By Jay Fishman, J.D.
A panel at this year’s fall conference of the North American Securities Administrators Association, Inc. (NASAA), held virtually, discussed the current scams targeting senior citizens and other vulnerable adults, but emphasized an increase in the fraud during the Coronavirus pandemic by fraudsters preying on the seniors’ declining physical and mental health and fears of getting COVID-19.
Lynne Egan, the Montana Securities Department’s deputy commissioner and NASAA’s Investor Education chair, moderated the panel titled "Protecting Seniors During Times of Increased Social Isolation." Speakers on the panel included: (1) Liz Loewy, co-founder and COO of EverSafe, a FinTech company designed to protect seniors; (2) Tina Kotsalos, chair of the NASAA Life Stages Project Group; and (3) Bernice Geiger, the New Mexico Securities Division’s head of investor education and consumer outreach.
Why an increase in scams against seniors during the pandemic? Loewy explained that while financial scams against seniors and other vulnerable adults were occurring before the Coronavirus, they have increased during the pandemic because elders are the most susceptible population for get COVID-19 and, knowing this statistic, they have socially isolated themselves from their friends, families, and caregivers.
Additionally, the fraudsters, whose ever more sophisticated schemes are now hard to distinguish from legitimate enterprises, take advantage of the seniors’ isolation by sending them fake texts or emails or phoning them about their need to pay large sums of money to test for the virus or antibodies or to retrieve N95 masks or PPE equipment to protect themselves from getting infected. And what exacerbates the seniors’ plight is that a significant percentage of this population has a cognitive impairment such as Alzheimer’s Disease, making it almost impossible for them to see the wolf behind the schemer’s charms. Also, said Loewy, the fraudsters primarily target seniors because they know that a significant percent of U.S. household wealth is held by people over 50.
Ways to protect seniors and other vulnerable adults. Loewy stated that one of the hardest things to do in creating ways to protect seniors from financial exploitation is to avoid presenting the protocols as ageist; in other words you don’t want the seniors or their families to feel that the plans are being implemented because the seniors are weak minded or unable to care for themselves. Instead, she said, you want to "get in front of the problem" by having the senior’s family members and trusted financial professionals work as a team to keep a continuing eye on the individual and his or her finances, and to be the people the vulnerable adult can reach out to for help. And Loewy declared that while investor education and Acts to protect seniors like the Senior Safe Act and the NASAA Model Act are terrific, the technology used at her FinTech company and similar firms is starting to play a big part in the vulnerable adult protection effort.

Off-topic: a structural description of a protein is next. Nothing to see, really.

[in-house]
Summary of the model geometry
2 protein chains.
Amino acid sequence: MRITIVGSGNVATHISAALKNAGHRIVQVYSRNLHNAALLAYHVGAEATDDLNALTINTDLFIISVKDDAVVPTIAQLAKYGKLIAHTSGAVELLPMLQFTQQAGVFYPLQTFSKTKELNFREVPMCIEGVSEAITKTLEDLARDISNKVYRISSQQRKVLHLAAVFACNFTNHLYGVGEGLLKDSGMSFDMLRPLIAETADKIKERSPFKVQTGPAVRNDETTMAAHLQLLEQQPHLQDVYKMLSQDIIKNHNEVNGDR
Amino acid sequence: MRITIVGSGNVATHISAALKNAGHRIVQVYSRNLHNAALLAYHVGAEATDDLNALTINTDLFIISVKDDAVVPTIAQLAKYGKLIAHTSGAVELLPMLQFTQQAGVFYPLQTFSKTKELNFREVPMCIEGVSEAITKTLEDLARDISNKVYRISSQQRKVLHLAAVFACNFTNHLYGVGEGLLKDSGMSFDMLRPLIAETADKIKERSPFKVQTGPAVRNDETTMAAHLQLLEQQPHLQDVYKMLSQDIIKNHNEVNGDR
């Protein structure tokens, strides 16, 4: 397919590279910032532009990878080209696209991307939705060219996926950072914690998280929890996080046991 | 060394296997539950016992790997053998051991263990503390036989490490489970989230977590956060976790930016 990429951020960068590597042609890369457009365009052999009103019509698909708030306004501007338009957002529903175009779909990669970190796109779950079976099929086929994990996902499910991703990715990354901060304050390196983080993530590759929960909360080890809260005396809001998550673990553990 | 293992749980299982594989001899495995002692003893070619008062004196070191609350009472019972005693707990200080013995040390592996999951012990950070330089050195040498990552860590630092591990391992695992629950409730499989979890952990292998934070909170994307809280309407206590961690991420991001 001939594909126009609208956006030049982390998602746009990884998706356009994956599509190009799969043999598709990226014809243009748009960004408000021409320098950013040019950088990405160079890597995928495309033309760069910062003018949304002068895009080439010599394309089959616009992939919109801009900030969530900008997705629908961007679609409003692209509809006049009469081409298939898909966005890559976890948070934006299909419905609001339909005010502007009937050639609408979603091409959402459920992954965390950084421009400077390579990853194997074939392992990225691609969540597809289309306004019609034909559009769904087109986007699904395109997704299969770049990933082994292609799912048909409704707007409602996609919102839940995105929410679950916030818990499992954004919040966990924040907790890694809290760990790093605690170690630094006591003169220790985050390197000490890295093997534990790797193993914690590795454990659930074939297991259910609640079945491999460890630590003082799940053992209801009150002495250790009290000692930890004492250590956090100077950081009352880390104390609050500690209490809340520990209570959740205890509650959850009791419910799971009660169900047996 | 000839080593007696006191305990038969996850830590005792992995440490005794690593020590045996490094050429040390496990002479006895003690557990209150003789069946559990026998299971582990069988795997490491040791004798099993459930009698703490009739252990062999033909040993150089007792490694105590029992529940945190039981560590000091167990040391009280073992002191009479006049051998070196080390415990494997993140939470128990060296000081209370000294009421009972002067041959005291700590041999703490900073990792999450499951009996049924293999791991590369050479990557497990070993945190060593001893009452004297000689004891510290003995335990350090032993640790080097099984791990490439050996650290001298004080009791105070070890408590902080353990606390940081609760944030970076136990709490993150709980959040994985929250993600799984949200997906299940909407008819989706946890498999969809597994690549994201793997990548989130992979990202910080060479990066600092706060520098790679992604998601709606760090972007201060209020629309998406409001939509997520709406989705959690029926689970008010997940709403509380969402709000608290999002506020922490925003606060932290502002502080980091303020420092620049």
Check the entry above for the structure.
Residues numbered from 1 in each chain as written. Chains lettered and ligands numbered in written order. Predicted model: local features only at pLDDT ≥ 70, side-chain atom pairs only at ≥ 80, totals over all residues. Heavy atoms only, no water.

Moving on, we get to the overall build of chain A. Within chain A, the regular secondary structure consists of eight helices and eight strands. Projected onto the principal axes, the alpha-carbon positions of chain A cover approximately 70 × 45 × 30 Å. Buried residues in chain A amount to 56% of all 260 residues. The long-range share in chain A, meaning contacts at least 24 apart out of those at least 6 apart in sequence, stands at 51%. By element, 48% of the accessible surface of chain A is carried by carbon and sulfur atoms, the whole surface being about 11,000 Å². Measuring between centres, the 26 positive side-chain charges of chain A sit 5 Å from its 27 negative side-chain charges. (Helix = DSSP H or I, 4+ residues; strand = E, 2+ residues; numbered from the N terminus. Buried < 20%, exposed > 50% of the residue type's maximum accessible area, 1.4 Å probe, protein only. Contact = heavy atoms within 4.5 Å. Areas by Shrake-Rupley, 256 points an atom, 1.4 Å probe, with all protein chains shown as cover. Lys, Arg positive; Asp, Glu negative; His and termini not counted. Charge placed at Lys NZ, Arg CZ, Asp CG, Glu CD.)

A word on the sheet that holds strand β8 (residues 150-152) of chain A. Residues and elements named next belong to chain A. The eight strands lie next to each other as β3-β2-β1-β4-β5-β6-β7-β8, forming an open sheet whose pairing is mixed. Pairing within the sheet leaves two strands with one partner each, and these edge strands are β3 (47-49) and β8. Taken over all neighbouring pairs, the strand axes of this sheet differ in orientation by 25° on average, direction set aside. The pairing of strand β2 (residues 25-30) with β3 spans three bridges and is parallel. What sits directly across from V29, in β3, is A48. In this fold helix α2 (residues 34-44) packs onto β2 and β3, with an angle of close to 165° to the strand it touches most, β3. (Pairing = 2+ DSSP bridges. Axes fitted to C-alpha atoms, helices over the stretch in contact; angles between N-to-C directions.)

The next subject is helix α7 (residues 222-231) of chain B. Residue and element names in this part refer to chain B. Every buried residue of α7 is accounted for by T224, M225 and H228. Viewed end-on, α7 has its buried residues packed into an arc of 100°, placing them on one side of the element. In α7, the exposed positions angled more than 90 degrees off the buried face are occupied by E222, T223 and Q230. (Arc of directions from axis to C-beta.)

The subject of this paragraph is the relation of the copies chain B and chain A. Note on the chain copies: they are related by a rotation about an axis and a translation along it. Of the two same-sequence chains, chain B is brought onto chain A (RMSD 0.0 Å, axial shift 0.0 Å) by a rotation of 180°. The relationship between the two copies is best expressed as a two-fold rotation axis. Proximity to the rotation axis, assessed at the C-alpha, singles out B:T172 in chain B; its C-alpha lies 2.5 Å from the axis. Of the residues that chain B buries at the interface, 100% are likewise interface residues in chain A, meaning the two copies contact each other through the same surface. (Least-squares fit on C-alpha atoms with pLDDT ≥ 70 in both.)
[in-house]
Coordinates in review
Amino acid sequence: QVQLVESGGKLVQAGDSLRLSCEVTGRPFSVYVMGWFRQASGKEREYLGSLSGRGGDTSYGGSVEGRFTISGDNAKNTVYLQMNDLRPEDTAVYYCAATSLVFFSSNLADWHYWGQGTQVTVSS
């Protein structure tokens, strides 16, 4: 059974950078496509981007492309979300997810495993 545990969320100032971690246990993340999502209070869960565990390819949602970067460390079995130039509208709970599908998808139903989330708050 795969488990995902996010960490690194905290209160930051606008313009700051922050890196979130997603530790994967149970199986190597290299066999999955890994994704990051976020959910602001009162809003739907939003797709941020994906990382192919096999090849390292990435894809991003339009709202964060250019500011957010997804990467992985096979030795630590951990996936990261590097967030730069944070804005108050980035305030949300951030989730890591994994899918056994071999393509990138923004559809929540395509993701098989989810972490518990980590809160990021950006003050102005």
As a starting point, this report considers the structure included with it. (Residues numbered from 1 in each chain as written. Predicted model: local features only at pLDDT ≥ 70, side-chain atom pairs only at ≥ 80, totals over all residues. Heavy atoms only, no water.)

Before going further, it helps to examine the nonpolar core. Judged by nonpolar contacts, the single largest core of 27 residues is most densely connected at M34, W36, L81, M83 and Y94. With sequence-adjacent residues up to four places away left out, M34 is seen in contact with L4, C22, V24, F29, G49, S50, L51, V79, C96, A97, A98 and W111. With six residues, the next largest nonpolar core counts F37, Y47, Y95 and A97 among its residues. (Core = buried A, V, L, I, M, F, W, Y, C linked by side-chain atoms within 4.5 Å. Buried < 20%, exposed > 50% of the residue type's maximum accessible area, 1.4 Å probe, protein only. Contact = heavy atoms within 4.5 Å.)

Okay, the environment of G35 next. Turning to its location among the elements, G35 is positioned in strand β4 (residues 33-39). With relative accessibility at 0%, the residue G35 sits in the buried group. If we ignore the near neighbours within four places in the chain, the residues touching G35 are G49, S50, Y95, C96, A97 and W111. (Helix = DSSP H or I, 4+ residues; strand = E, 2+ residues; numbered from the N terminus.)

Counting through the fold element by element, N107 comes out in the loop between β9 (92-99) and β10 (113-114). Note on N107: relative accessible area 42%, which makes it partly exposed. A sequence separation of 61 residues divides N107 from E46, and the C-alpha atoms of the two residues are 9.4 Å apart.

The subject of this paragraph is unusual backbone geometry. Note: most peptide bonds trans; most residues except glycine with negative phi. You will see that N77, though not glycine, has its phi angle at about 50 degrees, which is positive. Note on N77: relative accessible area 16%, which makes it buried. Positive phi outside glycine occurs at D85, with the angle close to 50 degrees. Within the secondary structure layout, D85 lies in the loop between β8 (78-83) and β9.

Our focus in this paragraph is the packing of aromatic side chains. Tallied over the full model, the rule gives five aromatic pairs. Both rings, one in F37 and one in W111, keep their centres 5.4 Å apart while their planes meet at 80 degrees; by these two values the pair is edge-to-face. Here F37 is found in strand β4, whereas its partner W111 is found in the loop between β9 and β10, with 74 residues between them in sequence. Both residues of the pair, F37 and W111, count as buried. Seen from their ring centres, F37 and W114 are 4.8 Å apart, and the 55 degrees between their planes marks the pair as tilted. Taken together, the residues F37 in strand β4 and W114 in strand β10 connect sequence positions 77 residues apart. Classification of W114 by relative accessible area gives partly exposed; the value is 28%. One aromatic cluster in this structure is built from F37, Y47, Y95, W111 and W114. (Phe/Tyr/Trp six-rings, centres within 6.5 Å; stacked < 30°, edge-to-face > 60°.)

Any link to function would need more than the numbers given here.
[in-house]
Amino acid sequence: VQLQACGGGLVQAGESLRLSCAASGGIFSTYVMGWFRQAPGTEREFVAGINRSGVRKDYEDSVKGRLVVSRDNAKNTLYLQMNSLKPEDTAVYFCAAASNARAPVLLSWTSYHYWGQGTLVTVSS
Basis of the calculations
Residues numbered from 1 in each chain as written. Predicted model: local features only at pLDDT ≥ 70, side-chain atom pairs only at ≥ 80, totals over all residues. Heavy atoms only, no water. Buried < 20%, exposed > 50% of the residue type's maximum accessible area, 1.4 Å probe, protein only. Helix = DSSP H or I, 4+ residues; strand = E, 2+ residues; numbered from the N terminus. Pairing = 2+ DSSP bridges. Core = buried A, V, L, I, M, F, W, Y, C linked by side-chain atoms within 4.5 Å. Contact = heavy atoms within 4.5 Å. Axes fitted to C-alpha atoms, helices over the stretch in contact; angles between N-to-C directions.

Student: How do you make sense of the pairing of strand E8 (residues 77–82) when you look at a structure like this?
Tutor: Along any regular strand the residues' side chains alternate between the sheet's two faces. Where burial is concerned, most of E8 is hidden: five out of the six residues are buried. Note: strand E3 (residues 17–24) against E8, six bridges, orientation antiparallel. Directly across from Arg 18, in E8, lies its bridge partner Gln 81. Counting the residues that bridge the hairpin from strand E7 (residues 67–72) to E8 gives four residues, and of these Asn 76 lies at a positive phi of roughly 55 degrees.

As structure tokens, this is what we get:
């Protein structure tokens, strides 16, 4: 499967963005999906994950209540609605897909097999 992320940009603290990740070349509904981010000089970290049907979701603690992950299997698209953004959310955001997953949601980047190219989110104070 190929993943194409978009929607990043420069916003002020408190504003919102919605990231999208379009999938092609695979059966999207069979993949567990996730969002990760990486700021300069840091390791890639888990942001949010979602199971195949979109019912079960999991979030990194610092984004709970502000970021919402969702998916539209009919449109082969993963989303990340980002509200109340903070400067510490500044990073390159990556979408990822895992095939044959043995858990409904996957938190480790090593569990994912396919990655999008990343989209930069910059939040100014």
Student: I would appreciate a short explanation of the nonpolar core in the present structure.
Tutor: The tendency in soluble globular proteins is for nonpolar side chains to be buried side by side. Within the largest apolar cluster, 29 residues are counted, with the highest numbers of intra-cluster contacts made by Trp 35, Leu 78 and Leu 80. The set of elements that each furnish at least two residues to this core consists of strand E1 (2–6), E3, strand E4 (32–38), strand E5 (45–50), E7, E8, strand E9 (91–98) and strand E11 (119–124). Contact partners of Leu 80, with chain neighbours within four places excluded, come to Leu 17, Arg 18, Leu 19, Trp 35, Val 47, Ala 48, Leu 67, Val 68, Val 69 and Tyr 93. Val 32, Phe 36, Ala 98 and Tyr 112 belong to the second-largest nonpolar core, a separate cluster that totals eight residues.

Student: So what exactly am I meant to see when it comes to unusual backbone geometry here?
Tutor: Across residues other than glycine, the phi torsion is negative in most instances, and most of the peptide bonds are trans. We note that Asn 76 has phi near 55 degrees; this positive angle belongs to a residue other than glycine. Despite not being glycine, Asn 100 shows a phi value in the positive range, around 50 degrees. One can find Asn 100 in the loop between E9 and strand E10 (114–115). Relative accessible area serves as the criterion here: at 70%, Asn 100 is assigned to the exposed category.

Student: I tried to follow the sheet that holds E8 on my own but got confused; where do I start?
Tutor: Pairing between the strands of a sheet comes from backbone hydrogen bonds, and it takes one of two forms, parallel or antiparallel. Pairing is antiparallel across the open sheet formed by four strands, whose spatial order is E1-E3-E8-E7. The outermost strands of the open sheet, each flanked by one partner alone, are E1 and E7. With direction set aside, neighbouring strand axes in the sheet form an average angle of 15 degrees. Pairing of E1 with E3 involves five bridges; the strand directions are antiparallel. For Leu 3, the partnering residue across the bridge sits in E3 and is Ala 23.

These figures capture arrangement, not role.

Her company, EverSafe, and others like it monitor a senior-client’s finances for erratic online activity and then email alert the entire team (e.g., the senior and the senior’s family, caregivers, and trusted financial professionals) when suspicious activity appears. She proclaimed that these tech companies often find fraud when credit bureaus do not since credit bureaus focus only on activities that affect a person’s credit score. What often happens, she said, is that a scammer’s activity will go under the radar so as not to affect the credit score, leaving the vulnerable adult believing that nothing negative is happening to his or her financial accounts.
Podcasts. Kotsalos excitedly discussed NASAA’s Life Stages Project Group spearheading the start of a continuing series of podcasts on real life frauds that have victimized seniors and other vulnerable adults. The plan is for the project group to release one podcast per month hosted by a securities regulator from a different state. The podcasts, she said, would unfold as stories first highlighting how the senior was lured into a seemingly legitimate investment followed by how the scheme came to the securities regulator’s attention and what the regulator and his or her staff did to combat the fraud. Kotsalos encouraged the NASAA membership to consider telling their real life stories especially because they will reach a wide audience, since statistics show viewers listen to podcasts at home the way they would watch a television show and because the podcasts can be produced and edited very easily with the tech team she works with.
Senior outreach toolkit. Geiger, the final panelist, told of the NASAA Senior Outreach Project Group’s creation of a toolkit for seniors and their caregivers to protect themselves and each other from financial exploitation. The toolkit, to soon appear on the NASAA website, contains a number of materials such as the red flags designating schemes to watch out for, as well as budget worksheets to help keep the seniors’ finances intact.